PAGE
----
Bumble BFF has not been long enough for people to form lasting friendships yet. (It’s interesting, because couples can get married in 6 months, but sufficient time lapsing is almost a necessary criteria for friendship.) The big question that comes to my mind is: Would an online dating model work for friendships?

I like the idea of connecting people who otherwise wouldn’t meet, but the lack of a social script post-meeting makes it awkward to organize subsequent dates. I haven’t had a successful second Bumble BFF date yet. There are only so many personal facts you can share with each other because who wants to spill their opinions, hopes, and dreams to someone they have only met once? (Per the Seven Levels of Intimacy I share in this post)

I haven’t experimented with this yet, but I suspect the typical drinks-and-conversation format is not ideal for subsequent friend dates. An activity is probably necessary – a class, a party, etc. I would also ask to become Facebook friends on the following dates, so the friendship maintenance can be conducted online instead of awkwardly, in person.

In the meantime, I’m probably joining a book club.

When I Move, This Is What I’m Getting Rid Of

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Finally, I’m taking a big step forward in my life – after years of living with roommates, I’m moving to my own apartment. It will be but a humble little studio apartment, sparse with amenities, in a less hip neighborhood.

But so much has transpired in the past ten months that has made living alone an option. Or namely, it boils down to two things: I switched jobs, and I got promoted. Here’s a provocatively-titled article that corroborates my case: Employees Who Stay In Companies Longer Than Two Years Get Paid 50% Less. (Get on it!)

There’s just so much to look forward to now. The beautiful things I will now have the wherewithal to own, the liberty to do what I want with my pants the minute I step into my abode… it’s quite wonderful.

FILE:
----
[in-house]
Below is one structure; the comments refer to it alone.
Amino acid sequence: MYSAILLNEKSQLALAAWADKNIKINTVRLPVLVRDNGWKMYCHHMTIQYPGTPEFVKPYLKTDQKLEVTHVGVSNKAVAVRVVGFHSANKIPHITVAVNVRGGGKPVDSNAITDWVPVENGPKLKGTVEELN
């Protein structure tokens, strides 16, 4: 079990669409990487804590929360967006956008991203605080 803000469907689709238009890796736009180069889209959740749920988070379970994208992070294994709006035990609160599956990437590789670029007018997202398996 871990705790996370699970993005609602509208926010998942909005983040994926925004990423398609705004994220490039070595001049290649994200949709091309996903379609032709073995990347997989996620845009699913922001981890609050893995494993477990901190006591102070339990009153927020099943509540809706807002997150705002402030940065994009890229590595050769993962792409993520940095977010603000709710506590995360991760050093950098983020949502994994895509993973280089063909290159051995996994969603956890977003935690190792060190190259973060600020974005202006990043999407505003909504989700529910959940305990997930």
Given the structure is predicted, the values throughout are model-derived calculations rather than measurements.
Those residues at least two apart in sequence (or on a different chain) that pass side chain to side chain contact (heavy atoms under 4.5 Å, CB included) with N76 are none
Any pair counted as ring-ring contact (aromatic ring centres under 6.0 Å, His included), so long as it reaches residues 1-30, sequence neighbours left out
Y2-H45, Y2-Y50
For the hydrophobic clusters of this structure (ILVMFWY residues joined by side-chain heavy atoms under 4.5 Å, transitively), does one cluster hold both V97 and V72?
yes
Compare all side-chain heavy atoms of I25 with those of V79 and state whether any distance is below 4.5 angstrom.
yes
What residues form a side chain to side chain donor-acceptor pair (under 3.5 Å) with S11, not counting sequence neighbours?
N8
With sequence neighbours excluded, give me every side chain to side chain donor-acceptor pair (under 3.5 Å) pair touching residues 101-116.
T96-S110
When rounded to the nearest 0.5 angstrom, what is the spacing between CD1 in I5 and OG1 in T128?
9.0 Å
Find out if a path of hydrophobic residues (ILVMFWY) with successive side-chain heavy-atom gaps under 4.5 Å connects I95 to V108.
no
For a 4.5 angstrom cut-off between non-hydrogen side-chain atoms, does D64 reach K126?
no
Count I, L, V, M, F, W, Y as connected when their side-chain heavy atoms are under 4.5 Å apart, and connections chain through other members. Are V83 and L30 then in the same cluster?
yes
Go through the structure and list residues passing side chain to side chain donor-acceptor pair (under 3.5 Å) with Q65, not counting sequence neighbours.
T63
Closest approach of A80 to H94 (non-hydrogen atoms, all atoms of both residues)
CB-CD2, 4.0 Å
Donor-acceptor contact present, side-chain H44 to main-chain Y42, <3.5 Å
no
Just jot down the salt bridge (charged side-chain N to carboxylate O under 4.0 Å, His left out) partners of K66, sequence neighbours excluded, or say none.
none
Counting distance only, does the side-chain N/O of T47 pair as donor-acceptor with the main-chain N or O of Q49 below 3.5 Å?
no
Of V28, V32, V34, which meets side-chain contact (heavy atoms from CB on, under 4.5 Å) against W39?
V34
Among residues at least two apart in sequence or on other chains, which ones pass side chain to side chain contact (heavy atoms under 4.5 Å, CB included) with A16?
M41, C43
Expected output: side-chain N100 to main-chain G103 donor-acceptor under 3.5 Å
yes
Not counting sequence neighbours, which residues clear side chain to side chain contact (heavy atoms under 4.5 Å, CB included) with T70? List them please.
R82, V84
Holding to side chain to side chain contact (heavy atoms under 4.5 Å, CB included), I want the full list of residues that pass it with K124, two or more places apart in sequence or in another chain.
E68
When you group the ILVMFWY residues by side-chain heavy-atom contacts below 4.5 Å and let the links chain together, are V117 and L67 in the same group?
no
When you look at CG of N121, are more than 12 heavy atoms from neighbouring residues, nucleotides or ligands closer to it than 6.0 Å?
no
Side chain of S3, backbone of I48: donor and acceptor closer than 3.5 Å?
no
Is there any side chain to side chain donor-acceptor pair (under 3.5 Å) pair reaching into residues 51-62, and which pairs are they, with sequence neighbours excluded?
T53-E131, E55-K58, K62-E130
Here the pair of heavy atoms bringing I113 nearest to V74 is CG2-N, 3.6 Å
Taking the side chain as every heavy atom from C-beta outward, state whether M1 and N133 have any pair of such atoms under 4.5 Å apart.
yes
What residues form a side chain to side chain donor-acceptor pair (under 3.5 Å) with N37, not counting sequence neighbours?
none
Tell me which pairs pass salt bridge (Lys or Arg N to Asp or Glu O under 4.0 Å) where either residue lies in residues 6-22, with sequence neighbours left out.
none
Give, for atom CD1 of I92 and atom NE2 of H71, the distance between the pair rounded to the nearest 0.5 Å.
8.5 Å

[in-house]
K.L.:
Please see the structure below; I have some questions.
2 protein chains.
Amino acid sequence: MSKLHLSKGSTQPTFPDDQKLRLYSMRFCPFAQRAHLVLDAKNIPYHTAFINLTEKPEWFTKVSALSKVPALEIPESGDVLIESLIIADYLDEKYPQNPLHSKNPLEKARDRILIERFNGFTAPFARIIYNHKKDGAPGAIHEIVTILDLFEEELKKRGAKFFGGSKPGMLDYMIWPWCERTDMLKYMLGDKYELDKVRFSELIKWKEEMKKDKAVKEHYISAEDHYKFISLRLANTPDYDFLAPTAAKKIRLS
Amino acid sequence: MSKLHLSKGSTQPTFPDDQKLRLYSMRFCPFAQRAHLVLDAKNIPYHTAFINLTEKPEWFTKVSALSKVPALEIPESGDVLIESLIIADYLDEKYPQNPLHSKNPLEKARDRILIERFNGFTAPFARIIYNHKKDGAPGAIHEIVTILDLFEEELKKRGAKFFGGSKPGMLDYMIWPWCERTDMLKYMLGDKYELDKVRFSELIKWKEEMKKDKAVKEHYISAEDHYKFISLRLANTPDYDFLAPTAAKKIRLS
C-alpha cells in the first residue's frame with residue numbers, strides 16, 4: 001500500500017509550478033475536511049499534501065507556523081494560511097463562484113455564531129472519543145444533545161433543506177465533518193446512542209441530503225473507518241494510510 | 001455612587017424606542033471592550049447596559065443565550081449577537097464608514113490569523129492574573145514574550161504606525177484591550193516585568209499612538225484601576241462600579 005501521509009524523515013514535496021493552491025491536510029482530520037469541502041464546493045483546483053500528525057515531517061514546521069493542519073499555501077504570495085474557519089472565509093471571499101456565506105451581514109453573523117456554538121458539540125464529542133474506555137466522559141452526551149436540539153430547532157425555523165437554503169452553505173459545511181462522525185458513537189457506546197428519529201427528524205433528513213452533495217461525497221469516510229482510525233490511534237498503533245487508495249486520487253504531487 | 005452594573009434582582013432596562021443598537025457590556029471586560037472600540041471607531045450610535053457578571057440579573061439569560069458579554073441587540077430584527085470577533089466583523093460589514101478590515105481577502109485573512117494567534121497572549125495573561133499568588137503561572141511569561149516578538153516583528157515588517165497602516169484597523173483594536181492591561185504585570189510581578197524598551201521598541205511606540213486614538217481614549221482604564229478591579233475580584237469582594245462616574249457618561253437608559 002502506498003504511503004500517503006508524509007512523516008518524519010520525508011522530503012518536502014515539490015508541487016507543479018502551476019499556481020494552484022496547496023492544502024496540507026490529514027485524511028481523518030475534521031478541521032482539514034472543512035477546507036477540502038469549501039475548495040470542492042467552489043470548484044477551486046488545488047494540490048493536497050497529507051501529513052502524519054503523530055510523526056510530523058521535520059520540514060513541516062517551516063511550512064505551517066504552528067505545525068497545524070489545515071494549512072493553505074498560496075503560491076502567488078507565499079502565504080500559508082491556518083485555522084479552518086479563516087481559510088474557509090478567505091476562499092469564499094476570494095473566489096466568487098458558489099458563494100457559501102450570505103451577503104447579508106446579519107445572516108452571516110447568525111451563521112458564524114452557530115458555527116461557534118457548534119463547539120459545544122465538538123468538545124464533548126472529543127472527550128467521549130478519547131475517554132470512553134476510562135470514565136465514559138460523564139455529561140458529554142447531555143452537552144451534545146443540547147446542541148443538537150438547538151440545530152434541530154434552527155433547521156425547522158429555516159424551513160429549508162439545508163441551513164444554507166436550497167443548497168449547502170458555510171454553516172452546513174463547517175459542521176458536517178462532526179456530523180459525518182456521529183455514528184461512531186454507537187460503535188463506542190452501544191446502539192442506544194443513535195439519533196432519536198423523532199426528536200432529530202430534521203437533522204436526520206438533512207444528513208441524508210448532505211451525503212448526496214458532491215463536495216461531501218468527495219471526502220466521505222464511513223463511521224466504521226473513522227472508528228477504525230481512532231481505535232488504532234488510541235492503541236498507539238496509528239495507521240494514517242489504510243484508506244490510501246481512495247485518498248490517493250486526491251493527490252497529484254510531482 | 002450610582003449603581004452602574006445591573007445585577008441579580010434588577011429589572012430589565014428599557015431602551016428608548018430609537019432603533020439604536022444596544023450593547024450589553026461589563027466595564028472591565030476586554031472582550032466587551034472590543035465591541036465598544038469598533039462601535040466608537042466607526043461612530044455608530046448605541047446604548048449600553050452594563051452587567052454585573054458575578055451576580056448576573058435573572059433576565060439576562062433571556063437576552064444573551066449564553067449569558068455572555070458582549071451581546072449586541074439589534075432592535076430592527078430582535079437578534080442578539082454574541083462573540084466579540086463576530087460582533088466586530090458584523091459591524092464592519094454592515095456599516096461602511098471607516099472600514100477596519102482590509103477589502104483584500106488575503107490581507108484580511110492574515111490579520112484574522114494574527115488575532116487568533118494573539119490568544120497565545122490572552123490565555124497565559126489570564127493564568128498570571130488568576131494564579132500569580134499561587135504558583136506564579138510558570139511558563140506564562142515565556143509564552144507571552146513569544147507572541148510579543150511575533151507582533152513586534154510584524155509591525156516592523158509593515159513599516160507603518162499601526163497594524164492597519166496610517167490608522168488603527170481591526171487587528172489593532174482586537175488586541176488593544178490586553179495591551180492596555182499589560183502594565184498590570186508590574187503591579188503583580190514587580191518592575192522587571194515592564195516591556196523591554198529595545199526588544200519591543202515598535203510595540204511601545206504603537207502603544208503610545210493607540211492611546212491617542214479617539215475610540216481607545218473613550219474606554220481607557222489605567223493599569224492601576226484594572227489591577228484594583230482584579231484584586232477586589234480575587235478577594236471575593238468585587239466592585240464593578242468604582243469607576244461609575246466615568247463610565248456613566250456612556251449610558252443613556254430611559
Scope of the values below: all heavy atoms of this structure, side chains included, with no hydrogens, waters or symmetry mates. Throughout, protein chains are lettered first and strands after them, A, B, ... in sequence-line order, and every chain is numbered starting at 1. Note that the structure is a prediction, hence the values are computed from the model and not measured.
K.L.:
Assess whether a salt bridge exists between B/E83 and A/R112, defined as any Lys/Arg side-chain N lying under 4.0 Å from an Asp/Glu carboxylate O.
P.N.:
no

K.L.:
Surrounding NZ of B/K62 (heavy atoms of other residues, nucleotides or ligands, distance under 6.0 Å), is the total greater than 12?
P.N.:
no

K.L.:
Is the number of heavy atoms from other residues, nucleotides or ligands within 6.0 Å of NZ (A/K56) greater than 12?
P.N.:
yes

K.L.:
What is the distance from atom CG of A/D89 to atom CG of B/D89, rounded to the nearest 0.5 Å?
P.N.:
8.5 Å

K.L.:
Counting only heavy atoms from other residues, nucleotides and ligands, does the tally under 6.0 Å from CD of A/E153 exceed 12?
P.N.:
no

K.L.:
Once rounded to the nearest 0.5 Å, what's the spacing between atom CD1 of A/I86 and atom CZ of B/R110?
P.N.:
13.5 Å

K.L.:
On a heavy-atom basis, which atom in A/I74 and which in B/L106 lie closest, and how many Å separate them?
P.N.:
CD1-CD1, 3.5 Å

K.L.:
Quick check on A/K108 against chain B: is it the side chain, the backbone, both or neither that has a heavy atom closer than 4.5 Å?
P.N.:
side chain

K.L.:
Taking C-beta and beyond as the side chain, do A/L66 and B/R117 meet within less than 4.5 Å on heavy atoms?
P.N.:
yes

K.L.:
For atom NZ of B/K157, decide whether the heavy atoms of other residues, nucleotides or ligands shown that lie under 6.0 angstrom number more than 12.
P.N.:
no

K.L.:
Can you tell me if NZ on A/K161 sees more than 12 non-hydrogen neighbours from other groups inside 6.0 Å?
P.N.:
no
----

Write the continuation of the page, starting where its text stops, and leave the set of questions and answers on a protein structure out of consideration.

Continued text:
Yet there are things that I have to leave behind: some I’m sad about growing out of, others I wonder what took me so long to get rid of.

Like my grey skirt suit.


Not actually mine, image from here

This was my interview garb in college. The grey skirt suit was actually an upgrade from my previous black pantsuit – I thought it would serve me well to veer away from looking like a banquet waiter. How flattering, I thought to myself, the skirt suit is for my figure. Surely it will make me look like a powerful yet feminine woman! Especially when I’m making the rounds interviewing at accounting firms (I double majored in marketing and accounting) – surely they would be impressed.

Barf. How far from the path I had strayed. I can’t say I see myself interviewing for a job in the future that necessitates complete erasure of my style and personality, and so I donated my skirt suit to The Salvation Army. May an un- or underemployed soul benefit from it!

I’m also tossing out this half-used bottle of purple hair dye.


Tragic, I know. I am in my mid-twenties now… will people take a girl with purple hair seriously?